Solar Panel: Imagine someone able to withstand sudden changes in temperature, little water and hours and hours of sunshine. That someone exists, or rather, “someones”: they are extremophiles, microorganisms capable of continuing to live in extreme conditions in which few species would survive. Brazilian researchers have found organisms of this type living in solar panels — and are now researching practical applications with them that could revolutionize biotechnology.
The research was carried out in the interior of São Paulo, at the Laboratory of Applied Microbiology of the Federal University of São Carlos (UFSCar), in a project supported by the Foundation for Research Support of the State of São Paulo (FAPESP). The encouraging results have just been released in a press release from the institution. The study was prominently published in the scientific journal Microbiology Letters.
The samples analyzed in the study, collected in Sorocaba and Itatiba, revealed microorganisms very similar to those found in solar panels in Valencia, Spain, Berkeley, United States, the Arctic and Antarctica, despite the geographic distance and climatic differences between the locals.
The analysis was performed using partial genetic sequencing: the gene observed was 16S rRNA. More than 90% of the diversity found in the study was from two microorganisms: Methylobacterium-methylorubrum and Hymenobacter.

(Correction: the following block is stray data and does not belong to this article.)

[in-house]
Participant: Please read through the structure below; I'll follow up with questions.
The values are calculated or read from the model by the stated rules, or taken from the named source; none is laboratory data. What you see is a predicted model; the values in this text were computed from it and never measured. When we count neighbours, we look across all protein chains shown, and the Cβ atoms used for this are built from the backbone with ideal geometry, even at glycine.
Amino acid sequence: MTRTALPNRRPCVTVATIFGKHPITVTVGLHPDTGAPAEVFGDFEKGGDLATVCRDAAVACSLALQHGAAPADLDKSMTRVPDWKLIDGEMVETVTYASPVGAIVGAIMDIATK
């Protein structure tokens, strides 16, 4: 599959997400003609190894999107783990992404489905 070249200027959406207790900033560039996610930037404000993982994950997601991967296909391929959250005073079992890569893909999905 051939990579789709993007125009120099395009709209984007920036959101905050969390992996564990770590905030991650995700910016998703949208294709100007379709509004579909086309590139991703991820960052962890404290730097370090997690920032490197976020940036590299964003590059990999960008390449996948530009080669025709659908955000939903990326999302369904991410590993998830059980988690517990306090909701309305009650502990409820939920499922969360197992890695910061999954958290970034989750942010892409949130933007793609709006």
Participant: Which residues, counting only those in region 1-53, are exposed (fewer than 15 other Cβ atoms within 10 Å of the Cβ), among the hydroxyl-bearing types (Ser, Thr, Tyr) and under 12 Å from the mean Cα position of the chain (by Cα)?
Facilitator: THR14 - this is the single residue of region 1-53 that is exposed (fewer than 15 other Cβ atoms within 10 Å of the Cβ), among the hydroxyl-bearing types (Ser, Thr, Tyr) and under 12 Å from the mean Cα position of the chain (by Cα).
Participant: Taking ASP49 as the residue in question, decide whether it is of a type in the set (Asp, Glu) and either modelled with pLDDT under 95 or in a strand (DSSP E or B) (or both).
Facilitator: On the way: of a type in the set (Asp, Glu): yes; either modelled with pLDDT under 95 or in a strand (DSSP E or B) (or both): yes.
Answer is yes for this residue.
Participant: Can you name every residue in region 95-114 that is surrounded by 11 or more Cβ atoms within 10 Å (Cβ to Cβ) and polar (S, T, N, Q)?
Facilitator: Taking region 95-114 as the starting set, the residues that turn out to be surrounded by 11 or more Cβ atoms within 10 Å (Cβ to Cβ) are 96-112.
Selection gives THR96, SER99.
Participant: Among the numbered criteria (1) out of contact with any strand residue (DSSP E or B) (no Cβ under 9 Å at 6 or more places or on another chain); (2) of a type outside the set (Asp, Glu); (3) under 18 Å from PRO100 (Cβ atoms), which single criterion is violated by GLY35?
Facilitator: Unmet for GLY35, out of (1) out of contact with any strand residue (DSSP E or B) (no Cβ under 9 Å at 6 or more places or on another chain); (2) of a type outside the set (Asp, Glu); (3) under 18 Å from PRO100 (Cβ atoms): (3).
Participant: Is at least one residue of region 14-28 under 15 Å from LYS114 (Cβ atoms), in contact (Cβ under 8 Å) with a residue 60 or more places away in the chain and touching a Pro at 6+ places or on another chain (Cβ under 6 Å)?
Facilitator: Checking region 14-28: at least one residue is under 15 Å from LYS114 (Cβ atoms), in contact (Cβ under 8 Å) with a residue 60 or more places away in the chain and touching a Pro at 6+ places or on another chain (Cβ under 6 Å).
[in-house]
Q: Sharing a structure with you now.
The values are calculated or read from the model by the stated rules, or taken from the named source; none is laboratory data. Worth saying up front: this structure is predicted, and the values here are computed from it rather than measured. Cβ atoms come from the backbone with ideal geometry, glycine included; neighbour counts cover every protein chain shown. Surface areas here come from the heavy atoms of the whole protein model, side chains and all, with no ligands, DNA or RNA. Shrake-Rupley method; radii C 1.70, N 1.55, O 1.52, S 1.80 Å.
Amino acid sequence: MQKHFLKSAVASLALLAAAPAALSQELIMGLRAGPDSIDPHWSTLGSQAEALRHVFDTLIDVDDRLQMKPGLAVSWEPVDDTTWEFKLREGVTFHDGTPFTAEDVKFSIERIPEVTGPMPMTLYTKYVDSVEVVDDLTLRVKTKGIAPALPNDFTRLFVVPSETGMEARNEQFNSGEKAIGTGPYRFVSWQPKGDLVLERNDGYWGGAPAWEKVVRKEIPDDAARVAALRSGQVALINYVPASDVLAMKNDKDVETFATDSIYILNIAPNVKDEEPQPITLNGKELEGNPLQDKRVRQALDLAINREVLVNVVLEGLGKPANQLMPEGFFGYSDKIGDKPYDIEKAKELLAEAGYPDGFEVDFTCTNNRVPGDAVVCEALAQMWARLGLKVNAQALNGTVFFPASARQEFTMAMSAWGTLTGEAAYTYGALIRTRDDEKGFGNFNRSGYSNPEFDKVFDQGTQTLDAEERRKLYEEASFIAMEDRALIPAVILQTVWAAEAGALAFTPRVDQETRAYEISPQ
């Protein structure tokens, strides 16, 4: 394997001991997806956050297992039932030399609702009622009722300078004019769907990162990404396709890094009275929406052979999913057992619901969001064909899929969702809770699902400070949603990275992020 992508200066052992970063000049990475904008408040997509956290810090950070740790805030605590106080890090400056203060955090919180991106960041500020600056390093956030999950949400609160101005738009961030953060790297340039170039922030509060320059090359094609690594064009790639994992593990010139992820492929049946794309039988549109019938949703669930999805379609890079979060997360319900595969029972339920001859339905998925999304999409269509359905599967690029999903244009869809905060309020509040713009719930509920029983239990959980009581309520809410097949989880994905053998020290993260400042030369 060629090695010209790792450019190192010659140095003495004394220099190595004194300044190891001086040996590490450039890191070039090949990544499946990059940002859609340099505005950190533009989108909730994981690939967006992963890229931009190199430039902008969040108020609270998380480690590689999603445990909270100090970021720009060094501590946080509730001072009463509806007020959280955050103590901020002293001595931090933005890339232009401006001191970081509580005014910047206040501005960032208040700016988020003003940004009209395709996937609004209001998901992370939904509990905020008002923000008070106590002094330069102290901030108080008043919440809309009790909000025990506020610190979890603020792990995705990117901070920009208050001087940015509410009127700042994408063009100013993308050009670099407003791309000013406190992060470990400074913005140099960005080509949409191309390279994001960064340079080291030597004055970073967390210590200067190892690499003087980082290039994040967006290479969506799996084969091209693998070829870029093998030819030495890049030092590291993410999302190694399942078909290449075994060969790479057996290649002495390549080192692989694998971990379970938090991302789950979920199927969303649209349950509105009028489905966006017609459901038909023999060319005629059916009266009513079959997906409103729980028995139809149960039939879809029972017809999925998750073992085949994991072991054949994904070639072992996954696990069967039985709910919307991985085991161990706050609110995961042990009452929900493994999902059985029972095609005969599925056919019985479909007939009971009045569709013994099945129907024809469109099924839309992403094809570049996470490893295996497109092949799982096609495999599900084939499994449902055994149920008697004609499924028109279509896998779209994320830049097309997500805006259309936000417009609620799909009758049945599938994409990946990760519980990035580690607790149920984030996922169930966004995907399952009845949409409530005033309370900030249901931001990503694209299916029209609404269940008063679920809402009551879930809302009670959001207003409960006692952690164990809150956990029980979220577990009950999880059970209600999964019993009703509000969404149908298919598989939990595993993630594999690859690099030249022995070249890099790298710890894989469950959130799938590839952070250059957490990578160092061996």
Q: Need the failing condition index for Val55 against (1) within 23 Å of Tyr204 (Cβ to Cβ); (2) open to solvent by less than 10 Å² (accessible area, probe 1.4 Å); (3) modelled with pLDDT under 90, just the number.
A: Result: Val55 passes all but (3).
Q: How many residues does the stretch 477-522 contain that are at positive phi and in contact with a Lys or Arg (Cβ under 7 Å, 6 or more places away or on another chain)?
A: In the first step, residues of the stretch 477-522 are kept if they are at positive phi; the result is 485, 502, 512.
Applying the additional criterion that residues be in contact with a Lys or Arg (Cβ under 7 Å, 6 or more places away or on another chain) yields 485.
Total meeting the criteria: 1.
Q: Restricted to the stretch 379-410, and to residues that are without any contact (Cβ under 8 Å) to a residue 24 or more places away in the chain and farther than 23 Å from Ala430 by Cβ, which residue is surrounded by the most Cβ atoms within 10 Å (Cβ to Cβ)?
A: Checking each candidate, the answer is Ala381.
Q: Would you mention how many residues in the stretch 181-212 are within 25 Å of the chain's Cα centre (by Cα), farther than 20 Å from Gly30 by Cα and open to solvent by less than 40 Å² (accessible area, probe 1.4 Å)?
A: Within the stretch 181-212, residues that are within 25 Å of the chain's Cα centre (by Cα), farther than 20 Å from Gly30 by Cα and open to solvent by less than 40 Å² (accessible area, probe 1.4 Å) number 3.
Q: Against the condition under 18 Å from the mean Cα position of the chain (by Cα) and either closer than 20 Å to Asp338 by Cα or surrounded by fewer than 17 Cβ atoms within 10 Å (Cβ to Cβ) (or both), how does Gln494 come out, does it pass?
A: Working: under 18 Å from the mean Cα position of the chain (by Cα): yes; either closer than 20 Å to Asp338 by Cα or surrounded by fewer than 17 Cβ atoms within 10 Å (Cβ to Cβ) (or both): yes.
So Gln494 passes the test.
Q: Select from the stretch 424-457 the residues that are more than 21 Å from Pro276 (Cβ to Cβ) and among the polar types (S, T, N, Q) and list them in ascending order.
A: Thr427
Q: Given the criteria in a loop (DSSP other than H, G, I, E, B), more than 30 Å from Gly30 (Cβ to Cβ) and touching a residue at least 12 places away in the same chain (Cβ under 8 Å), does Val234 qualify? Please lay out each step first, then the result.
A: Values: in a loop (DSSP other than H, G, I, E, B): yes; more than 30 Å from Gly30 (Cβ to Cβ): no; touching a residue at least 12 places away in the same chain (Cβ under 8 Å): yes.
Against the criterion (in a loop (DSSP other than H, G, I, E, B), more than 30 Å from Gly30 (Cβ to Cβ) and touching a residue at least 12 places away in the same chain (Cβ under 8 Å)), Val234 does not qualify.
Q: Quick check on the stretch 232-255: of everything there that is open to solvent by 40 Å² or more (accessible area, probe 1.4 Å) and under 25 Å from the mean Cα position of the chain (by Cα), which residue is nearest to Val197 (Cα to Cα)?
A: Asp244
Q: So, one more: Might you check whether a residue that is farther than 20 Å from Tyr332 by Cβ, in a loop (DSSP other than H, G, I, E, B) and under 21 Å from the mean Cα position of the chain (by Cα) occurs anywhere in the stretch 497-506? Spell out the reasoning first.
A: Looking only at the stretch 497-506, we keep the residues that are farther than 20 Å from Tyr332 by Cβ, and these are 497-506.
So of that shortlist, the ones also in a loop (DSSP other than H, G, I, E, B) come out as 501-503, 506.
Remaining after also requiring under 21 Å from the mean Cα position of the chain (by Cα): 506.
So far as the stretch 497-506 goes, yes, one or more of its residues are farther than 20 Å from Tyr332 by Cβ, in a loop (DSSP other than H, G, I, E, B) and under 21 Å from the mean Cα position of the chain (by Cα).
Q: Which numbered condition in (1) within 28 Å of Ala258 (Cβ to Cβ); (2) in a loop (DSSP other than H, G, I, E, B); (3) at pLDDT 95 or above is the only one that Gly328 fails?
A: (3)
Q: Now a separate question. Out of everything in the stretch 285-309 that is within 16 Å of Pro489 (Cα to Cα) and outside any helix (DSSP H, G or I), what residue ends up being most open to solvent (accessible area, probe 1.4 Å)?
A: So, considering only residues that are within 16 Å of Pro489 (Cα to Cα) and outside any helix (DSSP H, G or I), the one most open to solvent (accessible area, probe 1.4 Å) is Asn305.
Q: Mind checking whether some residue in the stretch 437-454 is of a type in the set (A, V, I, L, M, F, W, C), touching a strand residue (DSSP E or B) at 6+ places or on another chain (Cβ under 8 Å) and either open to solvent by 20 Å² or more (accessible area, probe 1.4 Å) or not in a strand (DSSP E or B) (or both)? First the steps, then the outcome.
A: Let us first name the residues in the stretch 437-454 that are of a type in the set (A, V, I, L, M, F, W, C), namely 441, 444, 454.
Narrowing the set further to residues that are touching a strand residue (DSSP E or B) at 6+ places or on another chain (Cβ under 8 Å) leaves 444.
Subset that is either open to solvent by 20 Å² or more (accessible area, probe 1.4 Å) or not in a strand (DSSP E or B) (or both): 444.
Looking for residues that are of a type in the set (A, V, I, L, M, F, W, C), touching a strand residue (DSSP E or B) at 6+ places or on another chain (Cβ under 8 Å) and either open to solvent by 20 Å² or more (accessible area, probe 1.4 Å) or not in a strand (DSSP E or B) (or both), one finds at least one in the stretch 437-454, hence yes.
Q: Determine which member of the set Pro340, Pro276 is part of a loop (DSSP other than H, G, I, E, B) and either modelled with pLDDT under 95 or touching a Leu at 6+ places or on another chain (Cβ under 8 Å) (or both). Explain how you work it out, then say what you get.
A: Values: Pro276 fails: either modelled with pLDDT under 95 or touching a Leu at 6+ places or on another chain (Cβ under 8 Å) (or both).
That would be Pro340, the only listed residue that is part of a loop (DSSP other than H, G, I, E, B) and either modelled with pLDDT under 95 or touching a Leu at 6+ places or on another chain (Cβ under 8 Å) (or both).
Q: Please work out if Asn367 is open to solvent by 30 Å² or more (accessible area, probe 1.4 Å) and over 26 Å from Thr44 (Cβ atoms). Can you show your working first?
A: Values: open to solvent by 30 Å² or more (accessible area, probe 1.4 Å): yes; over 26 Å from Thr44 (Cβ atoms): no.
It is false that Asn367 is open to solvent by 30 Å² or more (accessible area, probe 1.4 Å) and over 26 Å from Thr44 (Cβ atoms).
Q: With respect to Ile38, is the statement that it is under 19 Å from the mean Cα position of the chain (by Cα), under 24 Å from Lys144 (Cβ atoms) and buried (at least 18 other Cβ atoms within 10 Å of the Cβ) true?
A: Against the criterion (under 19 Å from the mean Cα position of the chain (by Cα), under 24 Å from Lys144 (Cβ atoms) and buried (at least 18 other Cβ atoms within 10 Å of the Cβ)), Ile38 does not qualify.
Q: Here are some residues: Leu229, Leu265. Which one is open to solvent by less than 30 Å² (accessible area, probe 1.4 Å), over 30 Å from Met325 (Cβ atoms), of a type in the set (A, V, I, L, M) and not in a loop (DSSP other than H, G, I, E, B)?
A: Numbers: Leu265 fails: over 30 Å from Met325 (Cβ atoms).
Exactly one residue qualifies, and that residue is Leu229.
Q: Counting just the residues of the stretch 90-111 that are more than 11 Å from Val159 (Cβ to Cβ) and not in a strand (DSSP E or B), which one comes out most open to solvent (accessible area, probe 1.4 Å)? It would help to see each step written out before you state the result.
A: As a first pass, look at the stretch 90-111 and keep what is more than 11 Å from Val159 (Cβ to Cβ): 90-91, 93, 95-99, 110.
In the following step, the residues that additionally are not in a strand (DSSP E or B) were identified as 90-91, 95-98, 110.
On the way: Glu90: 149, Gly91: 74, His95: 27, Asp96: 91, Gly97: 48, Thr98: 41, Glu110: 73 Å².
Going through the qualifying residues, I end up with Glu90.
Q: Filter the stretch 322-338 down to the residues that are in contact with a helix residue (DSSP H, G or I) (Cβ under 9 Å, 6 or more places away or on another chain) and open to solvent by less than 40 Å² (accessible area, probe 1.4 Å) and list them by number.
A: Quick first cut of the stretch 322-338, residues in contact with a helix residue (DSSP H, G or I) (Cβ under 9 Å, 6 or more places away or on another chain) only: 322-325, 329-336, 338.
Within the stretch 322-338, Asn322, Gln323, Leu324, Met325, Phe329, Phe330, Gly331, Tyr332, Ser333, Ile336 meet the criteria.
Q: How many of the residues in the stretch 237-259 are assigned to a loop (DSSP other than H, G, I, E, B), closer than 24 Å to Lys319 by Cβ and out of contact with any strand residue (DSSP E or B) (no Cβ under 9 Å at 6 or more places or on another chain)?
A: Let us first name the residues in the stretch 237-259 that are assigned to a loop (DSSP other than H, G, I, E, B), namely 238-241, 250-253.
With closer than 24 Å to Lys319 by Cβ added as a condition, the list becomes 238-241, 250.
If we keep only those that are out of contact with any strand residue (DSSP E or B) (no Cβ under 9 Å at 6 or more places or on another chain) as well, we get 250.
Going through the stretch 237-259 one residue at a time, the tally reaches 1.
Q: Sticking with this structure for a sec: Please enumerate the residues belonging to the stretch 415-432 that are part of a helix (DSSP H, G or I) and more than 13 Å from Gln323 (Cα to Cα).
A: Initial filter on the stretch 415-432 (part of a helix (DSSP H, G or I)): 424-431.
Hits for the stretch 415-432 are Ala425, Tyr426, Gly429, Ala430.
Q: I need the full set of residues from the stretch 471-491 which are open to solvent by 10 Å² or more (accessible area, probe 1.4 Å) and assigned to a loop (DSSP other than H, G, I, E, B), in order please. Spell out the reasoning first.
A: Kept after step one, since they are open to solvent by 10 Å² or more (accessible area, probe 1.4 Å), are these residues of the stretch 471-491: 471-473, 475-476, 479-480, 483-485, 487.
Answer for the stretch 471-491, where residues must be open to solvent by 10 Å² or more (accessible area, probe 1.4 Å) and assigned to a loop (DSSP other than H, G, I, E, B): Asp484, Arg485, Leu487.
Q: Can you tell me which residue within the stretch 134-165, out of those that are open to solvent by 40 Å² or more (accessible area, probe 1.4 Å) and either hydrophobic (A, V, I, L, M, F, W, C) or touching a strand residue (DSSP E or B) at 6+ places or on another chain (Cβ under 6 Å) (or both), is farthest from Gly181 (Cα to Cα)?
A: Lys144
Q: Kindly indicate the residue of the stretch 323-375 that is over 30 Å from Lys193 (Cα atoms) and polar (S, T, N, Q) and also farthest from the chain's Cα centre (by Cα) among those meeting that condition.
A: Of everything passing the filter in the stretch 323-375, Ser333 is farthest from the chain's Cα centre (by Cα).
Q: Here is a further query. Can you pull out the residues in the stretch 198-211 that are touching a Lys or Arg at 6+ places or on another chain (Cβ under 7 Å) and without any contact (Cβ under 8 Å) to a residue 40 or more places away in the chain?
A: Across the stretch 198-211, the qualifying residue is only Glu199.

In common, these yeasts and bacteria have the ability to survive with cracking sun and very little water, since the solar panels, in addition to being fully exposed to weather conditions, are tilted so as not to accumulate water. And this adaptability can be useful for us too: these bacteria can create biofilms resistant to solar radiation and yeasts have surface-active characteristics, which help to mix water into insoluble components.
While bacteria can help create pigments for the food, chemical, textile, pharmaceutical and cosmetic industries such as sunscreens, yeast can help create cleaners for solar panels – at a time when the demand for clean energy is getting bigger.
Proper cleaning of the solar panels, in addition to that promoted by rain and occasional washing, is important because these panels, over time of use, accumulate dust. This dust, in turn, ends up becoming a problem, because it reduces the plates’ energy capture potential.
According to data released by Agência FAPESP, studies carried out in Brazil have shown that the dust accumulated in the panels, in the climatic conditions here, can reduce energy capture by 11% after 18 months of installation. In desert weather conditions, this reduction in energy absorption capacity can reach 39% — going up to 50% in the event of extreme events, such as sand storms.
The molecules found in yeasts, on the other hand, can be used as antimicrobials, antitumours and in bioremediation – which is the use of biological processes to degrade, transform or remove contaminants from an environment.
Iolanda Duarte, professor at the Department of Biology at the Center for Human and Biological Sciences (CCHB) at UFSCar and coordinator of the research, told Agência FAPESP that the study is essential for the development of new strategies for managing solar panels and for removal of biofilms, which is a problem that is difficult to solve in many economic activities.